Though it did have a handful of good moments -- largely thanks to occasional spasms of clever dialogue work -- "80 Bucks" makes it two "face-plants" in a row for the hugely disappointing Boom! version of $CROOGE. Purists may not appreciate the sentiment, but I think that the upcoming DuckTales-flavored issues will actually be more faithful to this title's distinguished past, if only because I expect them to demonstrate the true adventurous spirit that "80 Bucks" and the previous Scrooge vs. Magica story have so conspicuously lacked. So often DT has been accused of "sucking the life out of" Carl Barks' famed creations; I, for one, am looking forward to a couple of issues chock full of reverse vampirism.

Friday, May 14, 2010

RIP, Frank and Annie

Frank Frazetta's death on Monday the 10th affected me only tangentially in terms of my comics interests. I only knew him as the guy who painted the barbarians and so forth. Then I looked at a COMICS JOURNAL interview from 1994 and found myself filled with a "strange new respect." Here was a strong conservative who nonetheless assisted Al Capp on LI'L ABNER during the strip's liberal phase and cooperated with Ralph Bakhshi on the feature film Fire and Ice (1983). I only wish that we had that sort of ideological "cross-pollination" today. Your subject matter may not have been my "cup of mead," Frank, but rest in peace.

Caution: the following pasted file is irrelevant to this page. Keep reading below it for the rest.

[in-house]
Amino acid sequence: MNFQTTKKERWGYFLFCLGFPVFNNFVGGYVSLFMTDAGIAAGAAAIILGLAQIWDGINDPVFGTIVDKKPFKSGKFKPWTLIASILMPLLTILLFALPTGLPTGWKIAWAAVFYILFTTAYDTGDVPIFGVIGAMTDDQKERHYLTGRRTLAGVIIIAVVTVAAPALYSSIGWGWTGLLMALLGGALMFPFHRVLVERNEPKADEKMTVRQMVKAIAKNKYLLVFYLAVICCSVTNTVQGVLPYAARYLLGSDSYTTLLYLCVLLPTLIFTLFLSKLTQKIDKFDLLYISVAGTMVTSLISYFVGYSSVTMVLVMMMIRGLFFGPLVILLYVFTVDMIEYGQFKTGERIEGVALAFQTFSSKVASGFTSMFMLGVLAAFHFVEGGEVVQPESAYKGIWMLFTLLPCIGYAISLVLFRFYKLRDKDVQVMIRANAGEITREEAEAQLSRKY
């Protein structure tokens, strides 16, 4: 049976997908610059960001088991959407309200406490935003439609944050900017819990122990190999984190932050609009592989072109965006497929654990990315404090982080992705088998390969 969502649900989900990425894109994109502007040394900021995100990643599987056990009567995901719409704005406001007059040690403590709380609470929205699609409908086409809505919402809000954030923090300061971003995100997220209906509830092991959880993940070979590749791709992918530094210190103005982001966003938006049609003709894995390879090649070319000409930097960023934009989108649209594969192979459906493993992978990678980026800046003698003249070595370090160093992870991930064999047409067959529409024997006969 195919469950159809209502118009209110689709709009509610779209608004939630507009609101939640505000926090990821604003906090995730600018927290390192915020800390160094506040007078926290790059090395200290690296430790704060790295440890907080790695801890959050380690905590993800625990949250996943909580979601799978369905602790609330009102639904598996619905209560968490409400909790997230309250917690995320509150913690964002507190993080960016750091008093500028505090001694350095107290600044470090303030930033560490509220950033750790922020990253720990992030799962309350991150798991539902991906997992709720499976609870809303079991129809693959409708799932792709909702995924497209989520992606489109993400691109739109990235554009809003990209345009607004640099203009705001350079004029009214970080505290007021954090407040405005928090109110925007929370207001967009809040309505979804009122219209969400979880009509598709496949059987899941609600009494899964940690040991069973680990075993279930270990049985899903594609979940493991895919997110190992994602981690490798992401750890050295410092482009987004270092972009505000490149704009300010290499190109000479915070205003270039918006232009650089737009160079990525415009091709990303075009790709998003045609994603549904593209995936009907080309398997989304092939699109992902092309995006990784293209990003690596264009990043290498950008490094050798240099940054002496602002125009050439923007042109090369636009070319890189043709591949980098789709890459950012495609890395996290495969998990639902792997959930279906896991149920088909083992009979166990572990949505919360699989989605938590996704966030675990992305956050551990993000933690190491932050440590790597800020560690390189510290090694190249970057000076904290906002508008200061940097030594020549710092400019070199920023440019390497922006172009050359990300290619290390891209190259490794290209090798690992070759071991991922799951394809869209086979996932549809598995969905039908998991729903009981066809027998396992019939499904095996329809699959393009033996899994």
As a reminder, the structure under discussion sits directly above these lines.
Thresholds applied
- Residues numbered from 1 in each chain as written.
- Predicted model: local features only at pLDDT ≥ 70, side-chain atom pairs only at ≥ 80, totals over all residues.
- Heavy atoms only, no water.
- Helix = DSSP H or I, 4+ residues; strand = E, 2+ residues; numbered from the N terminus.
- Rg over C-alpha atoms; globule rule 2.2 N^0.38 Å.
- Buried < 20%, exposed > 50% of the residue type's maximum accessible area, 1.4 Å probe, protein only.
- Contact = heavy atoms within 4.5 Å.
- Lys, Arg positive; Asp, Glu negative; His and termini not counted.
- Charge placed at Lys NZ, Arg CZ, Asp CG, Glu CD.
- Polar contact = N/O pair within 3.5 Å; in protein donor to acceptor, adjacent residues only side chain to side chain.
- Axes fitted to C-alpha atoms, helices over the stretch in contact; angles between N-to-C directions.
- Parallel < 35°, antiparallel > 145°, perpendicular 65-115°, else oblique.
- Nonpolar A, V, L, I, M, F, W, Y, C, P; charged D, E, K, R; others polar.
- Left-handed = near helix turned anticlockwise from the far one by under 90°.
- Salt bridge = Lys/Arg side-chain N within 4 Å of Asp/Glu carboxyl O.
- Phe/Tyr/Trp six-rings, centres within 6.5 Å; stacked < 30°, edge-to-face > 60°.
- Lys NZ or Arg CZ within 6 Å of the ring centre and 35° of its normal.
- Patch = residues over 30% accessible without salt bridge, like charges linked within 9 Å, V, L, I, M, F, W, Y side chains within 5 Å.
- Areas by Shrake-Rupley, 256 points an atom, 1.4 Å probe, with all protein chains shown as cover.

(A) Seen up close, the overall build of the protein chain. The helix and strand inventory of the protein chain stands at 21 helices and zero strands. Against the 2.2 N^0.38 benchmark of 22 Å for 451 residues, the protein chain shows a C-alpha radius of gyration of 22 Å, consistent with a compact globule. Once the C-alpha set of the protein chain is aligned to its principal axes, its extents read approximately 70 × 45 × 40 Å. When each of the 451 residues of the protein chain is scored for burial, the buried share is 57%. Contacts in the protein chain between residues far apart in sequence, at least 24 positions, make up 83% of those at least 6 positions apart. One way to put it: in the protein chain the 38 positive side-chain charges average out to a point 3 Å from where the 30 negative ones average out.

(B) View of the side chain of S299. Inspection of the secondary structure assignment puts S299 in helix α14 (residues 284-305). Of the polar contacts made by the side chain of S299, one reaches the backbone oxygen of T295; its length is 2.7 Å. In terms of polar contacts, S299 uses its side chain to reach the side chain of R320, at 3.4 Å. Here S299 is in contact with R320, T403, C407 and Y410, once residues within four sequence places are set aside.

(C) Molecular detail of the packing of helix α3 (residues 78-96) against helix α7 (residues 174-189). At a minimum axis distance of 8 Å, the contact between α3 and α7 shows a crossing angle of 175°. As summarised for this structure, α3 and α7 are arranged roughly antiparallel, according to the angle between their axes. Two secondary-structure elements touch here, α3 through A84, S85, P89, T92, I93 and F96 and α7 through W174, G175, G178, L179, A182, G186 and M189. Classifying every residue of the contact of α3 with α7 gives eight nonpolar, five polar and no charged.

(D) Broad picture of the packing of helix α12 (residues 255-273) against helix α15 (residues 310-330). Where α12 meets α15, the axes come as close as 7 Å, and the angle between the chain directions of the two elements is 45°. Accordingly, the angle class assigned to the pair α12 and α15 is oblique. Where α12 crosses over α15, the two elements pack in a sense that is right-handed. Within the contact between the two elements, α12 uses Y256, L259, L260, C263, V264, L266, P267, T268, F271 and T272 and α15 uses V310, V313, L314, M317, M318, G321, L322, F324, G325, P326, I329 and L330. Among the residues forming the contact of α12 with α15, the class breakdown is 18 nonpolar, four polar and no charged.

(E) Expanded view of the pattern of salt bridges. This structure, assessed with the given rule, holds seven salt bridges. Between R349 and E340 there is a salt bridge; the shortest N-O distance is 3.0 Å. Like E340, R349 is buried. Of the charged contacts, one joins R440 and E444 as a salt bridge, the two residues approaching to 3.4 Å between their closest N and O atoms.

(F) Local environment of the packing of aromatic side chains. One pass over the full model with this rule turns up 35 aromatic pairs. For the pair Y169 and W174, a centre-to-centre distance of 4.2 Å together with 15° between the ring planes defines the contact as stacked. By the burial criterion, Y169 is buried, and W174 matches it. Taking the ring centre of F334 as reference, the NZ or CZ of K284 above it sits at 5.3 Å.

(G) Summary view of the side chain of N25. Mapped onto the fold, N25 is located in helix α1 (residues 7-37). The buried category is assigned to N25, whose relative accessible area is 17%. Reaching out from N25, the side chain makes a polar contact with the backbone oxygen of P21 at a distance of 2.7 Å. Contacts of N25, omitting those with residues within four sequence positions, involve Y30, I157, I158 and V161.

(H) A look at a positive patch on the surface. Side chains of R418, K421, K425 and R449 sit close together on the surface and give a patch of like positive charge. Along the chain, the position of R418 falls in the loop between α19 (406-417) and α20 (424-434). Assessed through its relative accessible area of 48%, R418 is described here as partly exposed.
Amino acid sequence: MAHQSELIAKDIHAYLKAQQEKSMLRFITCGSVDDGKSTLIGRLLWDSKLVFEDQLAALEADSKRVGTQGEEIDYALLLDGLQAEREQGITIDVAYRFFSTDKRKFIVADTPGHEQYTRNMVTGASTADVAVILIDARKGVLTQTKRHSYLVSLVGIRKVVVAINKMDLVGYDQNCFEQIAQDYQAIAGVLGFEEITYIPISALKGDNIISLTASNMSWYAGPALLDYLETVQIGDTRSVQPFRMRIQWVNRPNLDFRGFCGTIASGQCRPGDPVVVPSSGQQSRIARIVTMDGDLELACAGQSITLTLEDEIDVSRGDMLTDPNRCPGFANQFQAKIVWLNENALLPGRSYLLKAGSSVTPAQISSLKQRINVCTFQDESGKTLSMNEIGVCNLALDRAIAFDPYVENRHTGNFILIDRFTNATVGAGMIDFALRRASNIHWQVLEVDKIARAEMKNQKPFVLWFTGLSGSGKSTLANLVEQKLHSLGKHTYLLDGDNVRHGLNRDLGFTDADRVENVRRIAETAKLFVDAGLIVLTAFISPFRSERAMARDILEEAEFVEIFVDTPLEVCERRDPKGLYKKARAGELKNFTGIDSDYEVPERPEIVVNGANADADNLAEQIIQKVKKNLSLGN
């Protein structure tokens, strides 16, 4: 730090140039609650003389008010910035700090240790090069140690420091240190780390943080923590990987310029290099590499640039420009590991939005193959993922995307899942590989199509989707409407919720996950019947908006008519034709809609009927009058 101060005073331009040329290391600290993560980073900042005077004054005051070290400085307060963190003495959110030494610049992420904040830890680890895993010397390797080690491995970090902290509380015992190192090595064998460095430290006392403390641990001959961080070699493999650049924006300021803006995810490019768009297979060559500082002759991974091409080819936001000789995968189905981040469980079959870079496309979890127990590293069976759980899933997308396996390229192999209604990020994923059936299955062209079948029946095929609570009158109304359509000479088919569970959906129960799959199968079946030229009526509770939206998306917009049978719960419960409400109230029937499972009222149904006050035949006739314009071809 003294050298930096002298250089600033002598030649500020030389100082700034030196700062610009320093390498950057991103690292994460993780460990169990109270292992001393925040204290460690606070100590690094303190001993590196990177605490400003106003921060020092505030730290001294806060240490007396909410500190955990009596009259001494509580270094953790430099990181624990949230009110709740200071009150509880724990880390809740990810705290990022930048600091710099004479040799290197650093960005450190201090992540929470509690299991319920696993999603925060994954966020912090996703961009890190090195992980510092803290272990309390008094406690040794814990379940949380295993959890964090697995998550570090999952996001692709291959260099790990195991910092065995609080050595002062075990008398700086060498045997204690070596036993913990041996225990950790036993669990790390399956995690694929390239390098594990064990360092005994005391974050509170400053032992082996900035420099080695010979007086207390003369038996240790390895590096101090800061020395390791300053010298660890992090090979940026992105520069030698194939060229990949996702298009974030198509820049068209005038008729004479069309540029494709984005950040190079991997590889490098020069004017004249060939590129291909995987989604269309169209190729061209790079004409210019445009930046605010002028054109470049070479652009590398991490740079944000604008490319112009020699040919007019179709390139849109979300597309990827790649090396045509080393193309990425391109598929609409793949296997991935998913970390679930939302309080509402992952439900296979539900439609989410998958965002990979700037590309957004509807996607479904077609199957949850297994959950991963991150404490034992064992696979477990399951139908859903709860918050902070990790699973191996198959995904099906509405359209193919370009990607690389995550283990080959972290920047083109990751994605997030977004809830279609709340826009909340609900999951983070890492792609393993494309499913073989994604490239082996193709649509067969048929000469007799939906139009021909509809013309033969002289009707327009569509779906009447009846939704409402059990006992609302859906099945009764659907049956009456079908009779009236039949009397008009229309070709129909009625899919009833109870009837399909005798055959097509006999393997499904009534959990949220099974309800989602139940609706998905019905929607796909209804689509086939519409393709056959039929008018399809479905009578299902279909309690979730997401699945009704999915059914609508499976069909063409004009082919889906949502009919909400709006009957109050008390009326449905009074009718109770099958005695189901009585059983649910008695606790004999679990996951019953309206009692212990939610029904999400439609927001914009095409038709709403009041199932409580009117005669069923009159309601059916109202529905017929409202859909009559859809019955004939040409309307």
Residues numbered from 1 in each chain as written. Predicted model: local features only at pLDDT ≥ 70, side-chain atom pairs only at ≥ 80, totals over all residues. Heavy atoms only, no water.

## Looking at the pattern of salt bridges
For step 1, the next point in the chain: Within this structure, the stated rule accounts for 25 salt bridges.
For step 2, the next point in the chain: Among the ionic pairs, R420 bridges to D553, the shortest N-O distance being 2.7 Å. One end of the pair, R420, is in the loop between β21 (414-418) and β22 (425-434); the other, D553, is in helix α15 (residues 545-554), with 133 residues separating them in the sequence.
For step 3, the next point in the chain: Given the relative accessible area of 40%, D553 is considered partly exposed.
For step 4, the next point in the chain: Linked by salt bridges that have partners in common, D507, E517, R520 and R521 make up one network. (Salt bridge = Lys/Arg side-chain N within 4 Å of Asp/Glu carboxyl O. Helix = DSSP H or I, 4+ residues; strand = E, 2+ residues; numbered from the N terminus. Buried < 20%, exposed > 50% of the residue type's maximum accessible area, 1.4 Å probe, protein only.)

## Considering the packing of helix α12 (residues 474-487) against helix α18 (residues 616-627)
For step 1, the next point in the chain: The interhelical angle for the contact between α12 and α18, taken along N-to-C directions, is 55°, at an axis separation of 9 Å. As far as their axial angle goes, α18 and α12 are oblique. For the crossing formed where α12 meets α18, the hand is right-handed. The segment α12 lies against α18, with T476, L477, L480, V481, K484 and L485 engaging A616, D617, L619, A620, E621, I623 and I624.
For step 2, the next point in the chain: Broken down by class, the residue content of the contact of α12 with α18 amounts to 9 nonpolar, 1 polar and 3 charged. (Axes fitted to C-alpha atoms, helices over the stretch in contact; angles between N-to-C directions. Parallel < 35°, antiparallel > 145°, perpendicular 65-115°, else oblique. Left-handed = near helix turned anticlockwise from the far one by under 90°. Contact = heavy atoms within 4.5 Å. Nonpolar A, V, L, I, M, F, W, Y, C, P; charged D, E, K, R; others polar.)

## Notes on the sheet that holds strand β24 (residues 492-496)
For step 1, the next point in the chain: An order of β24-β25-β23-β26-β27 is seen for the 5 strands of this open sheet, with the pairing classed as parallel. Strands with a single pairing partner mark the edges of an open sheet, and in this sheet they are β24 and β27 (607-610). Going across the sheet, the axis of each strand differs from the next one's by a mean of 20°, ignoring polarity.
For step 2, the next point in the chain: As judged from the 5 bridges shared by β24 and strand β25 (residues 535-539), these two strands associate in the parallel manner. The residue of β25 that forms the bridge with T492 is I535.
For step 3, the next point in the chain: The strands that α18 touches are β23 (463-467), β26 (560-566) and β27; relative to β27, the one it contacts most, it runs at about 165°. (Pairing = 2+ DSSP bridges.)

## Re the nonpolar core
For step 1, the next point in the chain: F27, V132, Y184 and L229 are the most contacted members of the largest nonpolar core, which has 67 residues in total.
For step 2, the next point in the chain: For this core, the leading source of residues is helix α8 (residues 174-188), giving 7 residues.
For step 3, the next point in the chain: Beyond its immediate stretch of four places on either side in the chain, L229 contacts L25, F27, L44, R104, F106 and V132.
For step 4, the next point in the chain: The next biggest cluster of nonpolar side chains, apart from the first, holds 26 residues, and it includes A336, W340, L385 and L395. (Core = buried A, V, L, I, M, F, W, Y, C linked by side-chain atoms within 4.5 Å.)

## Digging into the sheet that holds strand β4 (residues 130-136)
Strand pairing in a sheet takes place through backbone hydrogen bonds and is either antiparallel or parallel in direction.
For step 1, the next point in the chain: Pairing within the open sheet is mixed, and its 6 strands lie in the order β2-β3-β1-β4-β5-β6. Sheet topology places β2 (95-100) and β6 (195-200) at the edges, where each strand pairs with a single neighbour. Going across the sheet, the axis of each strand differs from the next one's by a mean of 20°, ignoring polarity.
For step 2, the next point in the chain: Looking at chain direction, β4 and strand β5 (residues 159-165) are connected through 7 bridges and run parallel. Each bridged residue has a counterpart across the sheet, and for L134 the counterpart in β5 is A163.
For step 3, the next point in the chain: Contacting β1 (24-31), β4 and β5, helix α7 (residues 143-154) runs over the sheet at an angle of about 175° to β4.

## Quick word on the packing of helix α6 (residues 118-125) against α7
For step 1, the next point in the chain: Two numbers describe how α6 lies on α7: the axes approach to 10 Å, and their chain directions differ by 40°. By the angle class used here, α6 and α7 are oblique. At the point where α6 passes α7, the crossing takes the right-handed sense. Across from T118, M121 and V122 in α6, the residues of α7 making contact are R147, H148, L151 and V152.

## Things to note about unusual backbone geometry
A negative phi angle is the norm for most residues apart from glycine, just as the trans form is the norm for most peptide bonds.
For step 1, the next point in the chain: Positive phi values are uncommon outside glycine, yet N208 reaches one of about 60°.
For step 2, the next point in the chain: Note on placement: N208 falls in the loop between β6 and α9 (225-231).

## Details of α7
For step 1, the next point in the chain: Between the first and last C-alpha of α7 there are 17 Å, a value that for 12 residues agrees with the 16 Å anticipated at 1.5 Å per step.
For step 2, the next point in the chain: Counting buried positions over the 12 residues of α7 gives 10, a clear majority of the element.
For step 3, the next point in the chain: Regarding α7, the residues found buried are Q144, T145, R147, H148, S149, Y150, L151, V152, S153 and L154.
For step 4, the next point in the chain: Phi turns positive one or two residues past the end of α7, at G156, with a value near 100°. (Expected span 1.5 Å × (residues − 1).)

Speaking of conservative comics icons, LITTLE ORPHAN ANNIE has been cancelled by Tribune Media Services. The last strip will run (in fewer than 20 newspapers -- think about that for a moment and sigh) on June 13. The irony, of course, is that ANNIE is now getting the full, "from-strip-one" reprint treatment, thanks to IDW Publishing and its superb LIBRARY OF AMERICAN COMICS.

In truth, Annie, Sandy, Warbucks et al. have been living on borrowed time since Harold Gray's death in 1968 and only managed to survive this long thanks to a few thick slabs of good old-fashioned luck. Consider:

(1) Between 1968 and 1974, the Tribune syndicate chewed up potential Gray heirs like Orson Welles buzzing through a Dagwood sandwich. David Lettick, one of the unfortunate souls who managed to snag the gig, drew terribly enough to be three decades ahead of his time. The Trib finally stopped the bleeding, at least for the moment, by rerunning old Gray strips for several years.